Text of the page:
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Thread: A long Wey for a paddle

  1. #1
    Join Date
    Jan 2015

    Default A long Wey for a paddle

    So after 29 hours and 279 miles, I'm finally home after a superb paddle on the Wey, which is just 80 miles away!?!

    The reason for the rather circuitous journey, was a purchase last weekend, which needed collecting - namely a new whitewater paddle, a Werner Natahala at a bargain price of just £80, with not a chip or scratch in sight!

    So having got up at 05:00 on Friday, for a morning shift at work, I finish at 13:00 and headed toward Bristol to collect the paddle - fortuitously I have relations in Bristol, who were able to pick up and pay for the paddle from the vendor, so I could just swing by for a coffee and the collection.

    By 15:50, I was refuelled with coffee and equipped with my paddle, the journey to Send was the next leg of the trip, where I was to spend the night.

    At 18:00, I arrived at the Send Business Centre - the car park was empty and the workers had all gone home, so I parked up at the far end by the trees to afford me some privacy. With a quick rearrangement of the contents of the Paddle Wagon, the front seats were fully loaded with the canoeing kit and the back was set up as my cosy home for the evening.

    Shortly after Maj arrived to say 'hello' and we wandered off across the common to spot some potential camping spots for future trips - this proved to be rather muddy and futile, as the lack of natural lighting and lengthened shadows caused by the torchlight, made it tricky to identify suitable spots. After a mile or so of wandering, we made it back to the Business Park and Majid kindly shot off to grab a couple of portions of chips, as I wasn't feeling in the mood for cooking. The chips went down very well and soon, I was starting to fade - it had been a long day. Maj said farewell and I pulled the curtains closed.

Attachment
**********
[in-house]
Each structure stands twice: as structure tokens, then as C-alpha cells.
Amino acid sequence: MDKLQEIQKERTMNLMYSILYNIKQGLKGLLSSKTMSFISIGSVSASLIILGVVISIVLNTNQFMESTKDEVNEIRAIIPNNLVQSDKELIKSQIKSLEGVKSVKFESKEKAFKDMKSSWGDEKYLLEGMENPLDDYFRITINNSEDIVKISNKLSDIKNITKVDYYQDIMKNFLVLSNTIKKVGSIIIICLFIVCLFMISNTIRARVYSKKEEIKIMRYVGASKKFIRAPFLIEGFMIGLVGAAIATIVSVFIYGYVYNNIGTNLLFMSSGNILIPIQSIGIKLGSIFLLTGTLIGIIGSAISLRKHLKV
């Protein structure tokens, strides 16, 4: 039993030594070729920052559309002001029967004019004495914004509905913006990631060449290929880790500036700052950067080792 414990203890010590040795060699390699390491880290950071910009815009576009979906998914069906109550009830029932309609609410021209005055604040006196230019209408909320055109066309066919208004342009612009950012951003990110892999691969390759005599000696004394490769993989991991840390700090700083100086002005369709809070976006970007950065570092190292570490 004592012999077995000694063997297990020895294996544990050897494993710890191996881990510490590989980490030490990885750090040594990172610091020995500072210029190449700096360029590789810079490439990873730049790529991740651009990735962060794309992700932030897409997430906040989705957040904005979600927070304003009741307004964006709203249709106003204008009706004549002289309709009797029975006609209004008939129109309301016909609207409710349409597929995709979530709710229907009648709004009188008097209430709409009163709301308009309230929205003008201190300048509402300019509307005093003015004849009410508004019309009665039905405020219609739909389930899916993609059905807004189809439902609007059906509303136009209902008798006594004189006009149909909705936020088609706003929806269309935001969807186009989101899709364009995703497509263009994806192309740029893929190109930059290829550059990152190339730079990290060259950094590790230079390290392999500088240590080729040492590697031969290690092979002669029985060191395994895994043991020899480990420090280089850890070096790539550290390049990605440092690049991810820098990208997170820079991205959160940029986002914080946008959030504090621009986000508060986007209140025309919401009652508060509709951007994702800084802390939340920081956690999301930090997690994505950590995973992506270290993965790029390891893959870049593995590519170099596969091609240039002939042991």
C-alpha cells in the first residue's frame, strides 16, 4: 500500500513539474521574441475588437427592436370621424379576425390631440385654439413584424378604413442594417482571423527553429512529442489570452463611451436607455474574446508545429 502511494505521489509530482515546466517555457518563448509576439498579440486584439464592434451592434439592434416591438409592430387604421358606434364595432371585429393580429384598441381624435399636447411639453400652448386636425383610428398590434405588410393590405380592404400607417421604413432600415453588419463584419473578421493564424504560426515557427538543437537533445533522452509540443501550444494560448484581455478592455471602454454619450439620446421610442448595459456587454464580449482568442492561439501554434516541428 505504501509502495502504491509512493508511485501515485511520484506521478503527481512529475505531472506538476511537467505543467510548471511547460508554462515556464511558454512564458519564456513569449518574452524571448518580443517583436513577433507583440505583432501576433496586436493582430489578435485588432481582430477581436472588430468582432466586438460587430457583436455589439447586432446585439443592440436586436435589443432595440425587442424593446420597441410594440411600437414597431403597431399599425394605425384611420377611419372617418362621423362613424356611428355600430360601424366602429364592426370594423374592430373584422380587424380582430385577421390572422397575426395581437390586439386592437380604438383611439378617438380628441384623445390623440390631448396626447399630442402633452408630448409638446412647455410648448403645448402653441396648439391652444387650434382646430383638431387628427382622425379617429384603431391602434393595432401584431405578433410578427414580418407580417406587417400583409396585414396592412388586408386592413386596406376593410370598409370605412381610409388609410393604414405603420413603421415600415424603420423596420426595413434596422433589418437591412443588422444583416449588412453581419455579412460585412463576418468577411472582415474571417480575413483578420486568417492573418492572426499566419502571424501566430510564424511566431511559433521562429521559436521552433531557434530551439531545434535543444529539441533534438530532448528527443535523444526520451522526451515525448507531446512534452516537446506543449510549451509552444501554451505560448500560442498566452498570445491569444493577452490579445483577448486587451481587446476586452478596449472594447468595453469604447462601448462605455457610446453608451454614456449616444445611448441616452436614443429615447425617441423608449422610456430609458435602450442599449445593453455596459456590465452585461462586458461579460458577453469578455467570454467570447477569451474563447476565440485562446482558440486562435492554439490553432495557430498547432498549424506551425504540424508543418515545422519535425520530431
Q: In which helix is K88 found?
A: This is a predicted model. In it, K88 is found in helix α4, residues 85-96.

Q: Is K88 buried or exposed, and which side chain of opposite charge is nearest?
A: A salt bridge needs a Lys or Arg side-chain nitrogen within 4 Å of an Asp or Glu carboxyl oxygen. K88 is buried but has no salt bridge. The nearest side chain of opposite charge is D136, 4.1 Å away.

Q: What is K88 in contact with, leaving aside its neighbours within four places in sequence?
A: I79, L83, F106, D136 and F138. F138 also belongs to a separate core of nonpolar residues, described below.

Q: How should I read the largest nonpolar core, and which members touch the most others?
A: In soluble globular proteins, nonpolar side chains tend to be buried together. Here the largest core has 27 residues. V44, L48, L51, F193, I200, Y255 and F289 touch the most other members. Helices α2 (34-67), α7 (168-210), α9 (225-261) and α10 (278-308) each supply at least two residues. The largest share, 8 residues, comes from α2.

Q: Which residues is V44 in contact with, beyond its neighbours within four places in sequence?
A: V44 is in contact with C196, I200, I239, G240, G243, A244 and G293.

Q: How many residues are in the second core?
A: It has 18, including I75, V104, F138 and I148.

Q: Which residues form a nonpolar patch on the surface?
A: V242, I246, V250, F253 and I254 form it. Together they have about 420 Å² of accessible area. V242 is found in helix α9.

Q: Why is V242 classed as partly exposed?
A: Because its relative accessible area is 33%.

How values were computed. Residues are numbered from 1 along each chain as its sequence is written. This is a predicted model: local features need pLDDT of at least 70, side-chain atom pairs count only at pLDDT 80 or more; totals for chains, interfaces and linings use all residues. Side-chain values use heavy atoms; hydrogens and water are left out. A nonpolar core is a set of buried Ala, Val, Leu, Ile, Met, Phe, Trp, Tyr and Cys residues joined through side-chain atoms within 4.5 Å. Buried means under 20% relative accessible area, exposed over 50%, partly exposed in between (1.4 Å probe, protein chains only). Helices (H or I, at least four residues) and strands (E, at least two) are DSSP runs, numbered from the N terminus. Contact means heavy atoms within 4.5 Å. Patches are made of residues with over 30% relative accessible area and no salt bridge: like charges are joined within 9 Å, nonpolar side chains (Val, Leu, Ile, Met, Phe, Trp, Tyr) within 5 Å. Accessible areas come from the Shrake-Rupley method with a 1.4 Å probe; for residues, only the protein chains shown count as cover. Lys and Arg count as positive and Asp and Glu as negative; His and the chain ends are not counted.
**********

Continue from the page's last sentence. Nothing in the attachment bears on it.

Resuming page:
It turns out that the Business Park is quite the social gathering place after dark, for the local youffs to gather in their Corsas and Fiestas - to be fair, whilst I could hear the thumping bass line of their music and their hacking coughs from smoking too much weed, their noise was relatively non-intrusive and by 22:00 I was sound asleep. I woke a couple of times through the night, firstly as I was too hot and secondly due to being bathed in the floodlights of the adjacent car park - I was amazed that they leave these floodlights on all night.

    By 07:30, daylight and bird song had started, so I started a gentle wake up programme, lazily getting up at around 08:00 - giving me plenty of time to brew some fresh espresso and make some bacon sarnies.

    The boiled eggs were for lunch!